The City of Rocks Backcountry Scenic Byway winds its way around the Albion Mountain Range in southern Idaho. The 49-mile (79 km) journey starts at the city of Albion and ends at Oakley. We picked up the byway at Almo and headed toward the namesake and major attraction on the byway, the City of Rocks. Last August, I shared some photos of our visit to the City of Rocks. You can refresh your memory here.
Much of the byway is on gravel roadways, but they are basically well cared for. Travel by car will require 90 minutes or so at speeds appropriate for the unpaved sections. When you get to the City of Rocks, however, you will want to allow some extra time to explore the “Silent City” and marvel at nature’s handiwork.
The Albion Mountains are in the background on your journey which takes you through typical rural Idaho scenery. Our trip in early October 2020 featured hazy skies from the months of wildfires blazing at that time in the western states.
Along the byway, there are historical markers that point out interesting elements of the scenery such as this covered wagon displayed near the California Trail.
From 1841 to 1869, travelers headed west on the trail that brought thousands of travelers through 5,000 miles (8,047 km) and what is now ten states from Missouri westward. Parts of that trail are still in existence and travelers in the 1800s put their names and dates they passed through on the rocks in what is now the City of Rocks. Graffiti artists indeed were found well back in history, it seems.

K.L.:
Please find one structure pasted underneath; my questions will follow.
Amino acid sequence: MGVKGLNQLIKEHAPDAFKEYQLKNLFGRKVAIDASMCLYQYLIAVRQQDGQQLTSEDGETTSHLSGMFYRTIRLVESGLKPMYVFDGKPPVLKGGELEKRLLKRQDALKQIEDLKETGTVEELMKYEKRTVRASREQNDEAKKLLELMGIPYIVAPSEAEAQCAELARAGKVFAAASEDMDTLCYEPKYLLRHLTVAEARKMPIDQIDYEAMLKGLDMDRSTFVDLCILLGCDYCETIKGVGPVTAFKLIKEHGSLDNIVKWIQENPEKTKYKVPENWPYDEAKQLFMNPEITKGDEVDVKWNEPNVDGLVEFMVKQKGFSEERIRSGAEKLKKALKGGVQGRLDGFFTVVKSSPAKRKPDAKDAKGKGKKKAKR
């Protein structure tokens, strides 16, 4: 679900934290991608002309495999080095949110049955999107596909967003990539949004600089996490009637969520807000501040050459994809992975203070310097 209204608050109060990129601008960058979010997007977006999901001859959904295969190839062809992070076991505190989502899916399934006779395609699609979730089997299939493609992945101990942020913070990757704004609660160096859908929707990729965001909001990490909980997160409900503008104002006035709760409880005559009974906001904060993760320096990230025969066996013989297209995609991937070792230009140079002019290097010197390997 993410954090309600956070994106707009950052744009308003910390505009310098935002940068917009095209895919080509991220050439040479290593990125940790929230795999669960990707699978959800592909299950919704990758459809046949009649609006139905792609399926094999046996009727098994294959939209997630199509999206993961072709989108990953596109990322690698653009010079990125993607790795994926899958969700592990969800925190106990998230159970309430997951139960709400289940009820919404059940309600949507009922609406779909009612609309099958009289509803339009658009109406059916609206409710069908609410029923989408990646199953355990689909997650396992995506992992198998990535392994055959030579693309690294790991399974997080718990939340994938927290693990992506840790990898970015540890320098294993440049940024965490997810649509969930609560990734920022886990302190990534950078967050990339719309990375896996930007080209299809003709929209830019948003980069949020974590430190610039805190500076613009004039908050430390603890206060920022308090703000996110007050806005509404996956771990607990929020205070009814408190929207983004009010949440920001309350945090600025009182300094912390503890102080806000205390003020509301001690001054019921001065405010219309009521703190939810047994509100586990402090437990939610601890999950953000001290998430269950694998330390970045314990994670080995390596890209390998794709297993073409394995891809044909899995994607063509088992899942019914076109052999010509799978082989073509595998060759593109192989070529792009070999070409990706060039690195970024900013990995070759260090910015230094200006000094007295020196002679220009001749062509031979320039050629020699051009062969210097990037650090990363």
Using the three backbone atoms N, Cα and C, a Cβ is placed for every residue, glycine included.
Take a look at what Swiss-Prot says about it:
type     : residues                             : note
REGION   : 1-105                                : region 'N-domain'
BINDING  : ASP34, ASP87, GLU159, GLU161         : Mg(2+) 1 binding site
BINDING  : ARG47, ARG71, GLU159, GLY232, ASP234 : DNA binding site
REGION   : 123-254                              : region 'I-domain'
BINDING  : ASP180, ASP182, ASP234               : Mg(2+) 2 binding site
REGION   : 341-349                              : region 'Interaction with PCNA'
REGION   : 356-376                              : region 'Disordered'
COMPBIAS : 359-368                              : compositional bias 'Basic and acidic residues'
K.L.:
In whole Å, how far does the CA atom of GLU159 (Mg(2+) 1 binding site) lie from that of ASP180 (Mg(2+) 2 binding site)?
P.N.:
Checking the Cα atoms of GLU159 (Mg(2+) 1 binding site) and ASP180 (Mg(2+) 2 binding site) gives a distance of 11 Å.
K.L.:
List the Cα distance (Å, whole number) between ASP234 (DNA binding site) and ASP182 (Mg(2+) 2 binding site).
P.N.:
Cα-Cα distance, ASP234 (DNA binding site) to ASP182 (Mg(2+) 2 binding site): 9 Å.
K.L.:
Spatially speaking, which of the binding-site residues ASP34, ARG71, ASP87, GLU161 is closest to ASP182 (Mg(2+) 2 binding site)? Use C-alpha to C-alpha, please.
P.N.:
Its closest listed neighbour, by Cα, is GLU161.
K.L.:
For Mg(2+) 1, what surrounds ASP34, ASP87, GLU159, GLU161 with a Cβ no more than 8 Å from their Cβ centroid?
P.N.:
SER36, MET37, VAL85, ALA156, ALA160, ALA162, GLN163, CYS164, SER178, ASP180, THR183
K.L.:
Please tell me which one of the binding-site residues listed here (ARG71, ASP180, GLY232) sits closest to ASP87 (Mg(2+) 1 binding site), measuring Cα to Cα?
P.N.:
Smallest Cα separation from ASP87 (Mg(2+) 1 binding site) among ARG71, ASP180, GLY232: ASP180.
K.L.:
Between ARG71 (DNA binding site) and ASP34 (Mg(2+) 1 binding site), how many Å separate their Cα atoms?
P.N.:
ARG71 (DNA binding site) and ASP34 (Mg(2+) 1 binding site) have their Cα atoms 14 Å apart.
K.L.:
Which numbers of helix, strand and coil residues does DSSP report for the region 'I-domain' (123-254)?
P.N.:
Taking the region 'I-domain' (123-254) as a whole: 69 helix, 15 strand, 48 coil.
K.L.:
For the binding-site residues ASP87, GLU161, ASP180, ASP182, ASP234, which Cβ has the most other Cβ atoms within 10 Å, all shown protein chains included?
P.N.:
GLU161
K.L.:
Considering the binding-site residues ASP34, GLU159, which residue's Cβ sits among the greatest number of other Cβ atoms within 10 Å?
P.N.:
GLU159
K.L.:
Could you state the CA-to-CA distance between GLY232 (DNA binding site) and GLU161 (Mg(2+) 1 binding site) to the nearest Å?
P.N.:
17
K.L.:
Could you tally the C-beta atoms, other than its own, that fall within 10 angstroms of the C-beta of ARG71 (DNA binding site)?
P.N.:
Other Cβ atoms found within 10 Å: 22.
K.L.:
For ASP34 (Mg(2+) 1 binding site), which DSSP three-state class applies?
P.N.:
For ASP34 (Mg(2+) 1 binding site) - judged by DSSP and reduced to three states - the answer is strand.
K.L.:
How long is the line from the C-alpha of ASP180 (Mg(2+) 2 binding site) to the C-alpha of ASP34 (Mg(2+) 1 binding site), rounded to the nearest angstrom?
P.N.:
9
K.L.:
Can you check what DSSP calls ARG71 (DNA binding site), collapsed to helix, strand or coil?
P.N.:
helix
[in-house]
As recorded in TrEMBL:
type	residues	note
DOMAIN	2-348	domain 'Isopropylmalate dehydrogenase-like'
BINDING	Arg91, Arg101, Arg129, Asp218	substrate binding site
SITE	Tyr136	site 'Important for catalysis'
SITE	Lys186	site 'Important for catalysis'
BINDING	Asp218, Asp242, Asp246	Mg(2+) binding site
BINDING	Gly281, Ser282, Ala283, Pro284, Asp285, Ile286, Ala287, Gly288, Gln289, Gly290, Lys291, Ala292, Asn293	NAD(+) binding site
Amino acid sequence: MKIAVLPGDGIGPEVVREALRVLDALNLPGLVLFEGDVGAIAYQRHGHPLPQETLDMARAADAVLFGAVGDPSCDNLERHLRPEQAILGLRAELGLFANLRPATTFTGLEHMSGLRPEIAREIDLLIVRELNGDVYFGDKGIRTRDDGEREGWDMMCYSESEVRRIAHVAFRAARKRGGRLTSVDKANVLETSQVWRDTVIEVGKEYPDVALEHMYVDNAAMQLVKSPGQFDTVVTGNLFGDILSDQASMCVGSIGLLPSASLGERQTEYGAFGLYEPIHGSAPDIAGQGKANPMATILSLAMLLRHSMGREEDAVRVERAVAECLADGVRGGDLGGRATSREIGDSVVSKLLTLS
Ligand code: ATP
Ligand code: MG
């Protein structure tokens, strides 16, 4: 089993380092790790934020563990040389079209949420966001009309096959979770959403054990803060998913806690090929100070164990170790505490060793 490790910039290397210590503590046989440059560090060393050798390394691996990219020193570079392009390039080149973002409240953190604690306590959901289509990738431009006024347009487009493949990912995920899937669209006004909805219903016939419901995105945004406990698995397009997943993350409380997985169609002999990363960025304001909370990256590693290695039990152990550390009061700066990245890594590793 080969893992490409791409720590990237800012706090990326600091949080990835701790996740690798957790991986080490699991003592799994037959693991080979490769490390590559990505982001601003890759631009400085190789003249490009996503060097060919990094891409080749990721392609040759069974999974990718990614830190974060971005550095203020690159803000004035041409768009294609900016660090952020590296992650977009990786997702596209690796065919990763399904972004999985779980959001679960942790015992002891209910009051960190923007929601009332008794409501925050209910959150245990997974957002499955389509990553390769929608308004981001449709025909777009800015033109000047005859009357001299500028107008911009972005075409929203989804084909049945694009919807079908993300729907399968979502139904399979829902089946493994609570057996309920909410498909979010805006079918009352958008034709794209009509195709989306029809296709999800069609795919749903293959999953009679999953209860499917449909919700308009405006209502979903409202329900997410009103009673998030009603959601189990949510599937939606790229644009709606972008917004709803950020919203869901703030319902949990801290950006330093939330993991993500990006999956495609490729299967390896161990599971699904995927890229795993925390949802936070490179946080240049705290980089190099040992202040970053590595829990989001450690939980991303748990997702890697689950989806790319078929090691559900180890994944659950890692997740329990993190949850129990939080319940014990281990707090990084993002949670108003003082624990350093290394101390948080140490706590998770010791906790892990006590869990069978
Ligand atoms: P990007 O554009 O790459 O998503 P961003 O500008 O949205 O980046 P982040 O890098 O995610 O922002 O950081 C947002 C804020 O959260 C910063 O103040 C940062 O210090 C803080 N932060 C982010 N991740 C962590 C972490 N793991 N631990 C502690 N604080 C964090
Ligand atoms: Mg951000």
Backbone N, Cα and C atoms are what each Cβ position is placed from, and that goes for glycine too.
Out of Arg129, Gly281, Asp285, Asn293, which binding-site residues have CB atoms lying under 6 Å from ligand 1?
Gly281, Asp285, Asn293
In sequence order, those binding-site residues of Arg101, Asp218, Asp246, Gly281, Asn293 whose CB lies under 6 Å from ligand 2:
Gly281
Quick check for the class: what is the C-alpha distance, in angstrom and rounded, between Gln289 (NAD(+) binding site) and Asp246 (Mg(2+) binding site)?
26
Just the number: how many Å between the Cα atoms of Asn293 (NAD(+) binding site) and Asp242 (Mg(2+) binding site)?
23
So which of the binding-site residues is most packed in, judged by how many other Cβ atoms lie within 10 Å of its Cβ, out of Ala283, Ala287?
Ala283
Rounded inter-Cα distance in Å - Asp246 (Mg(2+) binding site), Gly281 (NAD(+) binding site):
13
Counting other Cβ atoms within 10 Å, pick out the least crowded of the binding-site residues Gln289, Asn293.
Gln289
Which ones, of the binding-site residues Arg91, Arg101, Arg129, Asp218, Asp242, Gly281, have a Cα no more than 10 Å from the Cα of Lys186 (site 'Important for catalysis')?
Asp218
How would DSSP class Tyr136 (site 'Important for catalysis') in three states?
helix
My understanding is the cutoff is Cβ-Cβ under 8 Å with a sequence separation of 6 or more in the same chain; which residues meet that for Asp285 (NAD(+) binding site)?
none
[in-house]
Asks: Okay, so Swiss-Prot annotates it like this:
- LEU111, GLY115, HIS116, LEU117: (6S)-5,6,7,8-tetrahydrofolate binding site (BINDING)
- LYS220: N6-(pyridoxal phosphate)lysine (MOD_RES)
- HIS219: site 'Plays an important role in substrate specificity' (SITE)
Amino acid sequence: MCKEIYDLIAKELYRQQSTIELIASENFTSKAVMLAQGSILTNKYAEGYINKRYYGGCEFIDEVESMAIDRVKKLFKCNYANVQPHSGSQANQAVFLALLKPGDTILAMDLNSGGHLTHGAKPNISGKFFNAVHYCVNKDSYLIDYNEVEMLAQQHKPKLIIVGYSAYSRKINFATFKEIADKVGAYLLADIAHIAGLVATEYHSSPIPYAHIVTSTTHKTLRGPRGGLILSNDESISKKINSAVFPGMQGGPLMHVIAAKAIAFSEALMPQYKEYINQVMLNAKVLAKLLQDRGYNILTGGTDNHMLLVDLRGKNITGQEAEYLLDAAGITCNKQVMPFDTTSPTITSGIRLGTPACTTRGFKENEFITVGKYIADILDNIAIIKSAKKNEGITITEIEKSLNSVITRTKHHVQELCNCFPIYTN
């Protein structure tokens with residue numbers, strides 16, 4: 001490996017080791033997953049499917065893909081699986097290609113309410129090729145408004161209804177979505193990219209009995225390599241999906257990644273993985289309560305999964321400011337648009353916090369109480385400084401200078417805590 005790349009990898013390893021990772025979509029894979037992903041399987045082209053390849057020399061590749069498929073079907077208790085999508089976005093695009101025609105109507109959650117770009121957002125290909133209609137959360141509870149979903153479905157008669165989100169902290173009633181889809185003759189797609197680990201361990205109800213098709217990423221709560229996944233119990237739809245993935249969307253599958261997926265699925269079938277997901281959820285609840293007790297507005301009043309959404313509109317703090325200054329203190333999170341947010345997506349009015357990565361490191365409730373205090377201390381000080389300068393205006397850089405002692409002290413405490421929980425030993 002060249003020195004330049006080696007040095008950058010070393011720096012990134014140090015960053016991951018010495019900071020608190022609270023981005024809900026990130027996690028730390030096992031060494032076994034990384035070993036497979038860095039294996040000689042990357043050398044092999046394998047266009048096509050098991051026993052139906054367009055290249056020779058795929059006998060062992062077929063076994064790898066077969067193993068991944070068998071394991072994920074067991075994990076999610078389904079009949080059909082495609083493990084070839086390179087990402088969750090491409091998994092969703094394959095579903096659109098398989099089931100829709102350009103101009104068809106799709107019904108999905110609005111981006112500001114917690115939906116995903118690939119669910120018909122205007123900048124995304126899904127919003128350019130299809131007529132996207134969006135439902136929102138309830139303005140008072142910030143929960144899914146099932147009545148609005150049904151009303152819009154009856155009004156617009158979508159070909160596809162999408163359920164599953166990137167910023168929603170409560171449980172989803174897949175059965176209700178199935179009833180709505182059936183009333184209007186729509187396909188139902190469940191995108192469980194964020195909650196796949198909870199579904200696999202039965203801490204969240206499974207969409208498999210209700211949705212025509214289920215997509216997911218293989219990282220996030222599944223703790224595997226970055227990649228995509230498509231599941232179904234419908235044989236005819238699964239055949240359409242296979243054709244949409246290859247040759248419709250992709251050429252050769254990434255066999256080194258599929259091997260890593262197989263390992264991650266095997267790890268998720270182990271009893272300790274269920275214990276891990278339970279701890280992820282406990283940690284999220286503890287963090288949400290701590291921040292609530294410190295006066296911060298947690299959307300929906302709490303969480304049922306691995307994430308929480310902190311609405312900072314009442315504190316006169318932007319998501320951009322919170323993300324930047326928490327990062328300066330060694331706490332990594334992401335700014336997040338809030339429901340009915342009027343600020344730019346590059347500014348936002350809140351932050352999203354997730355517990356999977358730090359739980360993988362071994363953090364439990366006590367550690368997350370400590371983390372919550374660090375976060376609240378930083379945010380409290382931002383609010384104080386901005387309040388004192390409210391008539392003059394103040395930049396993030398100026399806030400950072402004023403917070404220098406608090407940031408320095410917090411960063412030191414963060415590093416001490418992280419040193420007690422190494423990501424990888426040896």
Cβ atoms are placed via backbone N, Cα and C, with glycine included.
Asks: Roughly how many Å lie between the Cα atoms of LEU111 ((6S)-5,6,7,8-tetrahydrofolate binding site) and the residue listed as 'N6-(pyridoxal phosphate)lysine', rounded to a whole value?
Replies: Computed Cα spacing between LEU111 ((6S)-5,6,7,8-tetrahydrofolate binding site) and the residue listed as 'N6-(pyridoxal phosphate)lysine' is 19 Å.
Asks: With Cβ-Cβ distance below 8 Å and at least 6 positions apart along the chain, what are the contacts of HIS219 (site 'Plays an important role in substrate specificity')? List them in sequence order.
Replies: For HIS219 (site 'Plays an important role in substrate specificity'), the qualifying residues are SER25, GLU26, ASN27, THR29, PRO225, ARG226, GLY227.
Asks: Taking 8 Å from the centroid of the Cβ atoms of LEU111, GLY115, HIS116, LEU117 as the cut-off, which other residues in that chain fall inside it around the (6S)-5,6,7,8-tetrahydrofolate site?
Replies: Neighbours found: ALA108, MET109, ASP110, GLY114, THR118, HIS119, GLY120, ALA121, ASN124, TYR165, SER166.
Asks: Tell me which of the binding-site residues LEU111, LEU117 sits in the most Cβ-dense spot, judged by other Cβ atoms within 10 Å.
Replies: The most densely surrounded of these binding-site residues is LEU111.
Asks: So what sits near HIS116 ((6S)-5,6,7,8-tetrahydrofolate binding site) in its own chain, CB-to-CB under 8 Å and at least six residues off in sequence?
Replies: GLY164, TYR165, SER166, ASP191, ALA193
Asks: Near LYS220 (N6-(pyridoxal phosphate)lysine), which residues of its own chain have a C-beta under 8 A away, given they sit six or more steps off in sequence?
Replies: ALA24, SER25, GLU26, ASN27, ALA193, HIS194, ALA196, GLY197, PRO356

Along the byway, there are plenty of opportunities to learn the history of the area, and the rocks in the park are a favorite for technical rock climbers. There are a wide variety of formations that require a large number of technical rock climbing skills.
The rural landscape was definitely showing off its autumn colors and there is plenty of rangeland for raising cattle. Ranching is a big business in the area.
There were few fences and plenty of signs to warn of cattle that might be nearby. A small herd found some tasty grass along the highway, but it appears one of the herd was looking for more flavorful options.
A view from the side of the road demonstrates that the byway, at least on our trip was well cared for, but being gravel, it is wise to keep your speed reasonable. The recommended travel times on the byway are April through November.
Campsites are available in the City of Rocks, but be sure to reserve early. If they happen to be full, you can check along the byway at the Pomerelle Mountain Resort and the Lake Cleveland Recreation Area. Also nearby is Castle Rocks State Park. The park, in addition to rock climbing, includes many miles of hiking, biking, and horseback riding.
Please feel free to click on any of the images above to view them in 4K HD on my Flickr site, or you can click here to visit the album where you will find a couple of “bonus” images at no extra charge.